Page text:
What is sign language and Auslan?

A sign language is a visual, spatial and gestural language with its own structure, and whose grammar is characterised by the expressive richness of the body, space and movement.

Each country will usually have its own sign language, including its own dialects – some were developed recently while many others are centuries old.

The International Signs (known as IS) is a collection of the most common signs derived from some of the main sign languages so many signers could understand each other more freely without communication barriers when travelling.

Auslan is the sign language of the Australian Deaf community. The term Auslan is short for “Australian Sign Language”, coined by Trevor Johnston in the early 1980s, although the language itself is much older, going back 200+ years.

Auslan relies on a combination of handshapes, movements and facial expressions to deliver messages Its components include:

Handshape – there are 38 main handshapes with 28 variants in Auslan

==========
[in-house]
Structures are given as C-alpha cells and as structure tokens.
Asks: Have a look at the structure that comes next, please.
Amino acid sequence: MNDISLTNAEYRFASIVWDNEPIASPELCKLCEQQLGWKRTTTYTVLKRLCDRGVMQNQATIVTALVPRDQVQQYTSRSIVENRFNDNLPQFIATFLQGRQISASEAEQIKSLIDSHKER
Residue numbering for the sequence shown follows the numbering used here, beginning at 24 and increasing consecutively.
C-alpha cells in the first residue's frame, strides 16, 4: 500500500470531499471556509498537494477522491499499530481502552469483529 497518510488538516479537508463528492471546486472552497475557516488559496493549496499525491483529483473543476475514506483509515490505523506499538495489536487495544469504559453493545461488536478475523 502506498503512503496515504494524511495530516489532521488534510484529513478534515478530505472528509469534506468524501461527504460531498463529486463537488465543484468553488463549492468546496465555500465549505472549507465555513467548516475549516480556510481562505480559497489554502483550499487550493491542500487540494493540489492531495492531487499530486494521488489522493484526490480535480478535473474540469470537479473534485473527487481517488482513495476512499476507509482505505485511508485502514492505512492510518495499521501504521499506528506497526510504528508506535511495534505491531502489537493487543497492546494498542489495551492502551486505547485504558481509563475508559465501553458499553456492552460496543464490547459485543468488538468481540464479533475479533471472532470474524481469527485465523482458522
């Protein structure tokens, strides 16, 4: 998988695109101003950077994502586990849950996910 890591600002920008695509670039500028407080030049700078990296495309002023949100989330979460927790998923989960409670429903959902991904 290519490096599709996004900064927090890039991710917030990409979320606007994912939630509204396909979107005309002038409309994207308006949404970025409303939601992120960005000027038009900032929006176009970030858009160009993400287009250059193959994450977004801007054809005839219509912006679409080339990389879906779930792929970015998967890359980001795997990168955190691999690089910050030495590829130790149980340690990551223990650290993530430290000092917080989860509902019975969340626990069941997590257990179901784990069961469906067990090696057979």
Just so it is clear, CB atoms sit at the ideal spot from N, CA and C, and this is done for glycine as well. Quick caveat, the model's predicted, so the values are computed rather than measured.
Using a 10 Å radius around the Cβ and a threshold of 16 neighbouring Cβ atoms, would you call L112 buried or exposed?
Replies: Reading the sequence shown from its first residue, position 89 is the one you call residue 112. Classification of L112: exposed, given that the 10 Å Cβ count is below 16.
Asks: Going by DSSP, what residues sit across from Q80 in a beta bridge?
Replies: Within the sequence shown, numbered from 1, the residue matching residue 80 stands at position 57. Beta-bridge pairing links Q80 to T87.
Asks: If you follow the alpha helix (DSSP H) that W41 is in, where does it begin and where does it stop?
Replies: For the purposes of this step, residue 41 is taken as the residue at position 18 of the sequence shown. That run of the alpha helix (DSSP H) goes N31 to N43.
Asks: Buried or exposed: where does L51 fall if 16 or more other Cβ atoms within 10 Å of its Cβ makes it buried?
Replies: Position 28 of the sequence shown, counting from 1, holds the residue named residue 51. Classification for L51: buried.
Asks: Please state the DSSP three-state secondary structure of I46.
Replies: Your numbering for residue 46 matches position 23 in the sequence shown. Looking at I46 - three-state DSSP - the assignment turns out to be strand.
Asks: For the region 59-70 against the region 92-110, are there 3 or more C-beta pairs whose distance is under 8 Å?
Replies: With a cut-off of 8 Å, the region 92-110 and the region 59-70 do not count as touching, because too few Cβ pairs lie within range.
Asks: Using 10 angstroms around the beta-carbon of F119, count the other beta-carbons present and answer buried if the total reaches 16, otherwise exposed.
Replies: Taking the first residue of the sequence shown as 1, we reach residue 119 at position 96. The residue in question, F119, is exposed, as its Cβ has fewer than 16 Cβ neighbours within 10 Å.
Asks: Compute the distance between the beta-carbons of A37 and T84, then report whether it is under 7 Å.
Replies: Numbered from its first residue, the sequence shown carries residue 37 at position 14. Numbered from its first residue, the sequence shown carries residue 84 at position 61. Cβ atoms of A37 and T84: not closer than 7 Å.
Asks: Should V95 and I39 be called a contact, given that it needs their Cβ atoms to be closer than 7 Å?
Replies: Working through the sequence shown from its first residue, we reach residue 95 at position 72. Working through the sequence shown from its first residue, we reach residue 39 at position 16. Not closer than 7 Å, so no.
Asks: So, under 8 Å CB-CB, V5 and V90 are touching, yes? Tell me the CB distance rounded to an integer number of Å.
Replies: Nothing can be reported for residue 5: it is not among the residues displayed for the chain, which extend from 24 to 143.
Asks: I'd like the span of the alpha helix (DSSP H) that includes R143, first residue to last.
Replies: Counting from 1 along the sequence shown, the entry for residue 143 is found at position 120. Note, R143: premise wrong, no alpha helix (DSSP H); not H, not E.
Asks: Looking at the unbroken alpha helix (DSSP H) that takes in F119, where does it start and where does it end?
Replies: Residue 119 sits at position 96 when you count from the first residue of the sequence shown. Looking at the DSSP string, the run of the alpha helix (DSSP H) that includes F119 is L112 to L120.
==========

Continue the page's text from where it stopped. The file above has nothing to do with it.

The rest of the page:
Orientation – this is the direction of your palm and hand in relation to your body

Location – signs are made near different parts of the body to convey meaning

Movement – small or large movements of the head, arms and hands can suggest different words

Expression – head and facial movements or expressions are used to convey emotion and emphasis

Did you know that – Just like English, Spanish or Chinese, Auslan is recognised as a language in its own right. Auslan was recognised as a community language by the Australian Government in 1991.

Darlene-thornton

Darlene Thornton

As a third-generation Deaf Australian, Darlene has been involved with teaching, training, researching and writing on Auslan, Auslan linguistics, Sign Language interpreting, and Australian Deaf History for over 20 years.

Being a voluntary Deaf Interpreter/Translator on and off for many years, Darlene has seen how this “industry” has evolved over time in Australia and has been involved with much dialogue on the development of the profession.

Her passions lie in both Auslan linguistics and Australian Deaf History – she enjoys the hunt and likes to explain how languages work.